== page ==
In vitro RNA editing at molecular crowding conditions

In order to analyze whether the described structural, thermodynamic and kinetic consequences at crowded solvent conditions directly affect the catalytic conversion of a pre-edited mRNA into an edited reaction product, we measured the RNA editing activity of the two gRNA/pre-mRNA substrate RNAs directly. As before, the measurement was performed at different cosolute concentrations covering dilute, semidilute and concentrated solvent properties. The two model RNAs represent synthetic versions of the first editing site of the subunit 6 of the mitochondrial ATPase (A6) from Trypanosoma brucei [48], [49]. Depending on the presence of cognate gRNAs, either the site-specific insertion of 3 U nts into the pre-mRNA is monitored or alternatively the deletion of 4 U's from the pre-mRNA is analyzed (Fig. 5A). Fig. 5B shows representative examples of the two in vitro editing reactions in the absence/presence of PEG2000 as a cosolute. At dilute reaction conditions (Φ<Φ*) in vitro editing is not affected. When the PEG concentration increases to semidilute (Φ≈Φ*) and finally to crowded conditions (Φ>Φ*) the formation of the fully edited reaction products is completely stalled. At 20% (w/v) PEG2000 (Φ/Φ* = 3.3), insertion-type RNA editing is >50-fold reduced while deletional editing is decreased by a factor of >10. Identical results were gained with PEG4000 at Φ/Φ* = 4.9: both, U-insertion and U-deletion editing are inhibited between 50- to 100-fold. The U-insertion reaction is stalled at the TUTase and the mRNA ligation step, while the U-deletion reaction is inhibited at the exoUase and ligation reaction. Importantly, while the ligation reaction (in both cases) is inhibited to ≥95% (at the highest PEG concentration) the exoUase is not fully inhibited. Given the precursor/product relationship of the two reactions in the editing cycle [32] this suggests that the exoUase and the mRNA ligation activity can be inhibited independently.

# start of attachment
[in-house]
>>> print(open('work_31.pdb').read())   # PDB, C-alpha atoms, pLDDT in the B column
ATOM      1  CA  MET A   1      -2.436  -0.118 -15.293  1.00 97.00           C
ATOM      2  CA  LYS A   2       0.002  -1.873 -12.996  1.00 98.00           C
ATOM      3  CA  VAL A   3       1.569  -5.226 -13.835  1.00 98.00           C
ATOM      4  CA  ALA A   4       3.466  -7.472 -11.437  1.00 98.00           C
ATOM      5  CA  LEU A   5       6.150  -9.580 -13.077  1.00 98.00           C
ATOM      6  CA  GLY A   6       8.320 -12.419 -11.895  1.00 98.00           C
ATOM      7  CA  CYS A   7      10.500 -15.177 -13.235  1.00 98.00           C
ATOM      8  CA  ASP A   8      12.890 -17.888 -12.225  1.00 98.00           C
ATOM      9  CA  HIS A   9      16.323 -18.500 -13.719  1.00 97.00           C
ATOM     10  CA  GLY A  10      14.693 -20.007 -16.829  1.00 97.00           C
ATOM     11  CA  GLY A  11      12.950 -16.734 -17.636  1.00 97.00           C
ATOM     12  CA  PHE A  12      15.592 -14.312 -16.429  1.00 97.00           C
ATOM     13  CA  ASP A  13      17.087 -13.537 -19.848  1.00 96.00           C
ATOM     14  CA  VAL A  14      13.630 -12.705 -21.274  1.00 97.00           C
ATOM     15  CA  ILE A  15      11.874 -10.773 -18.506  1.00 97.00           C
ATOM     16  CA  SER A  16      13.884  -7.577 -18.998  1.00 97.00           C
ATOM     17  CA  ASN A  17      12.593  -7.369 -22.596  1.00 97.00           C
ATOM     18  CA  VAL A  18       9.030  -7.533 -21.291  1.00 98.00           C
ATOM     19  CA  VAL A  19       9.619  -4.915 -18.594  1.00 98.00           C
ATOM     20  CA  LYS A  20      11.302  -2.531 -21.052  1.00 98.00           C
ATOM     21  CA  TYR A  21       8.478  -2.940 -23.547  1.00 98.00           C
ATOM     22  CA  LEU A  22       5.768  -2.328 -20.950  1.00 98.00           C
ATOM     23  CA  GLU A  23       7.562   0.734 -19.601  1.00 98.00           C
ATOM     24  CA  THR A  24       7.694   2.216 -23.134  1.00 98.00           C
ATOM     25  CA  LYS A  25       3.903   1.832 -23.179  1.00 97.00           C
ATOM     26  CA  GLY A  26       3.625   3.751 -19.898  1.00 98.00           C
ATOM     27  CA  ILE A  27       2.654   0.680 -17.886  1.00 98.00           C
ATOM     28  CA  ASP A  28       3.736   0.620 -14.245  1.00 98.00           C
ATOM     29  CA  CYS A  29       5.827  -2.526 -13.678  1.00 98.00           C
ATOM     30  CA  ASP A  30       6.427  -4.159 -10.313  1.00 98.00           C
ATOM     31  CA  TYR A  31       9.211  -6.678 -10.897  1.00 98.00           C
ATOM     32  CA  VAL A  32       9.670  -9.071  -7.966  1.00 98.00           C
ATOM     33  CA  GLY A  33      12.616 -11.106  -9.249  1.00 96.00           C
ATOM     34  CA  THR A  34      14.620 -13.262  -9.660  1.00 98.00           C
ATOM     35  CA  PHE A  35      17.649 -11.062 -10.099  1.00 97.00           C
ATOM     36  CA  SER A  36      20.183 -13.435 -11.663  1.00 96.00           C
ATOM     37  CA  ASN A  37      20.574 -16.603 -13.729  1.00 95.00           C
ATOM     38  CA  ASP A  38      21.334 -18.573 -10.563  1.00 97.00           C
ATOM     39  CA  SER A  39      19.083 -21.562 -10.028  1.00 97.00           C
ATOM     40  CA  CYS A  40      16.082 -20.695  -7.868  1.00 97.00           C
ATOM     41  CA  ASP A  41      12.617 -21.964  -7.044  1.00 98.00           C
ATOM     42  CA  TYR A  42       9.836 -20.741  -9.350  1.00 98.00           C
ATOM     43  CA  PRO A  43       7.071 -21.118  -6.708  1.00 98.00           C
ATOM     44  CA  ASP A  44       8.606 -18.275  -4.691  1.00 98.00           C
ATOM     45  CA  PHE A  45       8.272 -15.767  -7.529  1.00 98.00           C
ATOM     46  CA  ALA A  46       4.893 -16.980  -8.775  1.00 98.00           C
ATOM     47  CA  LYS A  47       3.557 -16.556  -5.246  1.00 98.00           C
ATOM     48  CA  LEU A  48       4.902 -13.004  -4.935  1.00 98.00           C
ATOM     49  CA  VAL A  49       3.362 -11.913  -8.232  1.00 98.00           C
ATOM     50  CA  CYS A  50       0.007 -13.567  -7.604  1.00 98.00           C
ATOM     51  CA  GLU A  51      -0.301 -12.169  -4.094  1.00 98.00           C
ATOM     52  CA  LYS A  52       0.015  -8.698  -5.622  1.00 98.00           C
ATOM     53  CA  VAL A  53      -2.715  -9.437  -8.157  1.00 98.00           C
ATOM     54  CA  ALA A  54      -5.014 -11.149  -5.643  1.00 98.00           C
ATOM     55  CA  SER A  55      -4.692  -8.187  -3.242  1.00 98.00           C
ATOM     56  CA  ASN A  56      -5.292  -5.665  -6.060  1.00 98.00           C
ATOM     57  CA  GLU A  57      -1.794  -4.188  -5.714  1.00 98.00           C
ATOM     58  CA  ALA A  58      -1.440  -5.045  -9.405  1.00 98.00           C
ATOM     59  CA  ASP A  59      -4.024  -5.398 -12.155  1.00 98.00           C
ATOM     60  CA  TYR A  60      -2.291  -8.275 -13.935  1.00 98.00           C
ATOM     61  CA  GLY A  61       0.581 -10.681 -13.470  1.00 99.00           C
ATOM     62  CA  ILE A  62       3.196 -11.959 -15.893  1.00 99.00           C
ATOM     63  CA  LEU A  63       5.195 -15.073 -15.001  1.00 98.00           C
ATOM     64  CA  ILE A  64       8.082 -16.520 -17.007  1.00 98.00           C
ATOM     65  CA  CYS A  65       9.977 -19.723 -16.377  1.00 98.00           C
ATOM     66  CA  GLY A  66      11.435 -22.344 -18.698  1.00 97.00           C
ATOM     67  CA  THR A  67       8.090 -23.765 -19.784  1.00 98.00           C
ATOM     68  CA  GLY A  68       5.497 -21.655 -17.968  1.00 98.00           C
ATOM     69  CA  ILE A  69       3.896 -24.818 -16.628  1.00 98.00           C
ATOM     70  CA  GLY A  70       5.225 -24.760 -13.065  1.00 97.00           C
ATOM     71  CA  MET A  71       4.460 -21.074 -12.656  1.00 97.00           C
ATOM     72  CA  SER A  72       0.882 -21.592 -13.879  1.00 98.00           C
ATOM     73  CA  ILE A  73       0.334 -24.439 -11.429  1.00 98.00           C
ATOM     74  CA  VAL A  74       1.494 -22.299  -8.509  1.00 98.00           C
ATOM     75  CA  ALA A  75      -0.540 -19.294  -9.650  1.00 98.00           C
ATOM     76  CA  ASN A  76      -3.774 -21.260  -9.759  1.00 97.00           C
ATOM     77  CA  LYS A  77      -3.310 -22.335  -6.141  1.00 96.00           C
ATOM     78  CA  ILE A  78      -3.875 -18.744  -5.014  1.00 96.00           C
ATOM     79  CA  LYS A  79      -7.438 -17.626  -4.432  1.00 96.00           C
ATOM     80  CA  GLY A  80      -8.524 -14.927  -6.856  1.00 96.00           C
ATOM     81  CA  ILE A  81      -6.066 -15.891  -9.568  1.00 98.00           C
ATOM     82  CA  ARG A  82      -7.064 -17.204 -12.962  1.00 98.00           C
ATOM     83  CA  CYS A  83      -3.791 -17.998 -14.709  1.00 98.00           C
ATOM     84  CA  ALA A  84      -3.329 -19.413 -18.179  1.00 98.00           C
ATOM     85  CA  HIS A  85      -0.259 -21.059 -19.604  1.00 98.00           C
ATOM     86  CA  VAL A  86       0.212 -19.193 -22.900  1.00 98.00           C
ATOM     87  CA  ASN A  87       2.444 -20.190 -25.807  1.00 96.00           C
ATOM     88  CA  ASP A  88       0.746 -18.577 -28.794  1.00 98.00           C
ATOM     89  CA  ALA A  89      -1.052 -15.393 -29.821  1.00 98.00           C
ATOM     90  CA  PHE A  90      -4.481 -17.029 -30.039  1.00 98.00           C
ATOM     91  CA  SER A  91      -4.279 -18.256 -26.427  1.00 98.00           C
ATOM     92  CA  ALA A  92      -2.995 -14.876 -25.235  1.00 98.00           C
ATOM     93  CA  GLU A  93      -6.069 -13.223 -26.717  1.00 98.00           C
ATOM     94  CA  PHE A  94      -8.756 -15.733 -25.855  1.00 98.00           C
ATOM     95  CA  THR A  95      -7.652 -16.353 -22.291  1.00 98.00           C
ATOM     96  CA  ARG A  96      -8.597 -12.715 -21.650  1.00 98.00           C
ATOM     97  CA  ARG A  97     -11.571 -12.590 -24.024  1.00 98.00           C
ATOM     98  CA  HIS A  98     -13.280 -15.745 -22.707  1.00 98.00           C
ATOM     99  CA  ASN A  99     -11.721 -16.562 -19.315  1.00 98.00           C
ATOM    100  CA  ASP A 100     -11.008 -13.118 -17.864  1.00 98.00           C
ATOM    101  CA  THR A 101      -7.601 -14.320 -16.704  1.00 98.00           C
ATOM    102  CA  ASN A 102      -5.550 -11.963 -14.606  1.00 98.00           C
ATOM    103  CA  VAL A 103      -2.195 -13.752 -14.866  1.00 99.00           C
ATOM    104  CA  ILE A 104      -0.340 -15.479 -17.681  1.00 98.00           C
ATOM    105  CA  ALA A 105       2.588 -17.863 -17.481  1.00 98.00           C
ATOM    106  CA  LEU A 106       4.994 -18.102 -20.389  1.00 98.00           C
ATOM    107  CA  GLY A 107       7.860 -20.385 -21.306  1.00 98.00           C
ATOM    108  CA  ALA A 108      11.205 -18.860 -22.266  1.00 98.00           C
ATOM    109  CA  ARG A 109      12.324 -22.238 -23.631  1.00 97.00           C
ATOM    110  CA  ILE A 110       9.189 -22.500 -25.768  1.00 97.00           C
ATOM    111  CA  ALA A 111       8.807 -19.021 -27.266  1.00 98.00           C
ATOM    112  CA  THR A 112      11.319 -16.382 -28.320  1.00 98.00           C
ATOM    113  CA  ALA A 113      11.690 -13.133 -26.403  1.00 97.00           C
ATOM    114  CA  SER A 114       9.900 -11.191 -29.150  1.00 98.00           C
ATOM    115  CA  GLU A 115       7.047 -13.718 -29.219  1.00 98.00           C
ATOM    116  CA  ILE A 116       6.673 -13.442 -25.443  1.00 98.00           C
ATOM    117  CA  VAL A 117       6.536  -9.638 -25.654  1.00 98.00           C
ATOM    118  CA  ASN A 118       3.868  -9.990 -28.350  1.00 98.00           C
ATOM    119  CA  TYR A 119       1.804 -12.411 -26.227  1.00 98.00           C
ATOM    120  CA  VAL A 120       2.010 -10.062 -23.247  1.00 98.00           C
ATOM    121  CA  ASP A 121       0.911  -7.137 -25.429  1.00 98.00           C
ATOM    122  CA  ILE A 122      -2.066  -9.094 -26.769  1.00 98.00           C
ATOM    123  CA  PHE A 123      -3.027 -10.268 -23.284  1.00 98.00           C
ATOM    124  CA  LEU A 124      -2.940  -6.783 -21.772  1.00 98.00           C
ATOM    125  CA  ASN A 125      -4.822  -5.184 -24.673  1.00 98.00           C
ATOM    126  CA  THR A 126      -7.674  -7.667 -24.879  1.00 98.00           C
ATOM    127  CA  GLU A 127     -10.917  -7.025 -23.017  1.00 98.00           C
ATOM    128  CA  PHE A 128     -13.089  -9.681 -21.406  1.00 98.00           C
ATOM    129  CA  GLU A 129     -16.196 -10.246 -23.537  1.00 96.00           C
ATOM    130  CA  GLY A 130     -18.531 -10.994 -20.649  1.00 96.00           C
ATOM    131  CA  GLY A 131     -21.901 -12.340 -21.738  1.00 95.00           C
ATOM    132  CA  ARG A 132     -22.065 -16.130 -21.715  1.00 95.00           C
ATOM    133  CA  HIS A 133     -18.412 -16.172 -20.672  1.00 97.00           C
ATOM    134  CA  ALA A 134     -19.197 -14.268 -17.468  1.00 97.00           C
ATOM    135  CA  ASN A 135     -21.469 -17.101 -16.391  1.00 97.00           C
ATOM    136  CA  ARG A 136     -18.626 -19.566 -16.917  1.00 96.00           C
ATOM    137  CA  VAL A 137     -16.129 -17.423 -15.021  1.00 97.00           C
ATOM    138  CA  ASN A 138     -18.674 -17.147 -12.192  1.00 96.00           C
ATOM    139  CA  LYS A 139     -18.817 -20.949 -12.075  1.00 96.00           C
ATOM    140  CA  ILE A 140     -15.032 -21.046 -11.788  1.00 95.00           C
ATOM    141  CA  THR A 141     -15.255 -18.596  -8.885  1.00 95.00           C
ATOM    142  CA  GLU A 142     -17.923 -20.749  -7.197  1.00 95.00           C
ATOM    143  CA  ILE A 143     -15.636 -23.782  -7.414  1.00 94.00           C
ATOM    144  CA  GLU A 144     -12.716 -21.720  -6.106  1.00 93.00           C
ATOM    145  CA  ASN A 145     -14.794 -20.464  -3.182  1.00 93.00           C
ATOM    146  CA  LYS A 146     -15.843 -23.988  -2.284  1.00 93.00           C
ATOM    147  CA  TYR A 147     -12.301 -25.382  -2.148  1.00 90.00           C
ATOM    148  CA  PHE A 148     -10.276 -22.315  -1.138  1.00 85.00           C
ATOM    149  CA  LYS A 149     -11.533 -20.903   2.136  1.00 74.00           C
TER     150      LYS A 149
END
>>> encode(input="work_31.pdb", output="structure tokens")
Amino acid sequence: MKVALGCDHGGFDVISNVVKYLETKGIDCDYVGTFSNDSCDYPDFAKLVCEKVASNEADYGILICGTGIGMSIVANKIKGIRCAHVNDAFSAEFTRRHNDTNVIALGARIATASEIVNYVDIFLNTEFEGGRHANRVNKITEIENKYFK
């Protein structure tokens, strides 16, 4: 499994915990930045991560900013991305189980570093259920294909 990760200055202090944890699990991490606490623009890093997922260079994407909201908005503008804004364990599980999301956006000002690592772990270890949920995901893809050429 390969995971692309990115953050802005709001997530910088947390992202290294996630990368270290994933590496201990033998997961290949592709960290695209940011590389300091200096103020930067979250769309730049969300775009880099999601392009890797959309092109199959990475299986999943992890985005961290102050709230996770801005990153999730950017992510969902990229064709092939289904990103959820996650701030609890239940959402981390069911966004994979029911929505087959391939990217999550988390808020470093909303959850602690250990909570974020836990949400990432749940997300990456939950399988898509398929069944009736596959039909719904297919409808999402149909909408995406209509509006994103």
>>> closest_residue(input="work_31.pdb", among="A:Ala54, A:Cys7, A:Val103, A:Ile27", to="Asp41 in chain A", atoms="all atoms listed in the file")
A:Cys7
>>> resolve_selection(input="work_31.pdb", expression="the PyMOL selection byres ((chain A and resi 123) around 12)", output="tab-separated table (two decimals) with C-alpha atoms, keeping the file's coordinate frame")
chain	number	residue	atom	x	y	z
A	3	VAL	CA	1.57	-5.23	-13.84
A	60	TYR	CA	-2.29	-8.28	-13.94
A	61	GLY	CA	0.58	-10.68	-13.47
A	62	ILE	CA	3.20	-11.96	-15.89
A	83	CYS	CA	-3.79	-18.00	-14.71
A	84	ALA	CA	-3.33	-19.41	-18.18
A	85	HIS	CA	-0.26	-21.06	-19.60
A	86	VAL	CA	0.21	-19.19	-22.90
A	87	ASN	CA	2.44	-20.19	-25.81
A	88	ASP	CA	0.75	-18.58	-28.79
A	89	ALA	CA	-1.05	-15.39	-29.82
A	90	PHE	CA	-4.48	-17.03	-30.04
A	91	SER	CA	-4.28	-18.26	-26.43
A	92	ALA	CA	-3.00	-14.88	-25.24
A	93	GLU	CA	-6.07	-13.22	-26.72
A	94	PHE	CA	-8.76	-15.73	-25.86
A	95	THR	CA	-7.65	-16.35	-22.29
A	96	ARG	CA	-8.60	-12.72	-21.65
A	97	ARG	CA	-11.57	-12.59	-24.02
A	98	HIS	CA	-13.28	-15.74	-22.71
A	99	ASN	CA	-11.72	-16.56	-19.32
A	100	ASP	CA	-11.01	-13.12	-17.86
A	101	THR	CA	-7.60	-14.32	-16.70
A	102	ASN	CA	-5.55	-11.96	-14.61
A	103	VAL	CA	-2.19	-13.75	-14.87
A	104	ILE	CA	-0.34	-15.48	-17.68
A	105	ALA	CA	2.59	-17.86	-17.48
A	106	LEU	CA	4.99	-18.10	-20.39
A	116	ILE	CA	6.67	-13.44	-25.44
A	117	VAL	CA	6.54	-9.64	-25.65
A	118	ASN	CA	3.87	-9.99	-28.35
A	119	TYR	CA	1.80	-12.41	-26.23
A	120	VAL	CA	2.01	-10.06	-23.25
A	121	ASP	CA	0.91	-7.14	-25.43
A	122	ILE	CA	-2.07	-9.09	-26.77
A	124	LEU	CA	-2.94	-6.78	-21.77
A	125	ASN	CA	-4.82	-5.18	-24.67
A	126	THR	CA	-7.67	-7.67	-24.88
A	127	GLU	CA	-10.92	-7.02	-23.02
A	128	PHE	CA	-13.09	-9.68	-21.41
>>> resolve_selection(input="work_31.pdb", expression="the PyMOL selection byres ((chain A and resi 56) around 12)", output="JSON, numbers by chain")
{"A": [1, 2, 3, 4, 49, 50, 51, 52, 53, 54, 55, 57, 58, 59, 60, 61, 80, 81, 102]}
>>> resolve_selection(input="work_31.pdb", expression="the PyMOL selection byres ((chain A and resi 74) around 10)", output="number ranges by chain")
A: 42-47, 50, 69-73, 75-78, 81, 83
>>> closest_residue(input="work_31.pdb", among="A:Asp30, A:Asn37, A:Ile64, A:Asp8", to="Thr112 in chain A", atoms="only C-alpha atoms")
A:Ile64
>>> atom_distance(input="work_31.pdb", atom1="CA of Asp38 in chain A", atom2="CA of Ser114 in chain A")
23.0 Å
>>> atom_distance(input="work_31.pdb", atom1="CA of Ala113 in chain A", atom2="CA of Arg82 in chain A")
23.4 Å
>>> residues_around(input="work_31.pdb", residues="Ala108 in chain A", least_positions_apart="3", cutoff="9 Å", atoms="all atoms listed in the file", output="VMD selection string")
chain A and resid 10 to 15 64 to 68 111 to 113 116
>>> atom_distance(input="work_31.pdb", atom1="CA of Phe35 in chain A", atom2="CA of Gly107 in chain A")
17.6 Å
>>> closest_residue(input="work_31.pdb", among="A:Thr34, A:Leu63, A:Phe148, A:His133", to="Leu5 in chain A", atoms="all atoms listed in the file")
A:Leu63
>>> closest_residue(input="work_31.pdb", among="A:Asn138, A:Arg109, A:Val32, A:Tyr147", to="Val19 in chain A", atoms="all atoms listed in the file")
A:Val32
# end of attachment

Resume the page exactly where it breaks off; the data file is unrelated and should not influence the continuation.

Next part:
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Figure 5. In vitro RNA editing at dilute, semidilute and crowded cosolute conditions.

(A) Schematic representation of in vitro U-insertion and U-deletion editing reactions. Substrates in the assays are “precleaved” pre-mRNA/gRNA hybrid RNAs, which are converted to edited products either by the gRNA-dependent insertion of 3 U nucleotides (blue) or the deletion of 4 U's (red). Assays were performed at varying concentrations of PEG2000 (B), PEG300 (C) and PEG200 (D). RNA reactants, products and intermediates (sketched on the left of the autoradiographs) were resolved electrophoretically and densitometrically quantified. Editing activities (EA) were normalized to the EA in the absence of PEG (dashed line) and plotted as a function of the molecular crowder (MC) concentration: logEA = f(logcMC). Green background: dilute solvent conditions; blue background: semidilute conditions; white background: crowded conditions. Mock: minus 20 S editosomes. (*) annotates the position of the radioactive label [32P].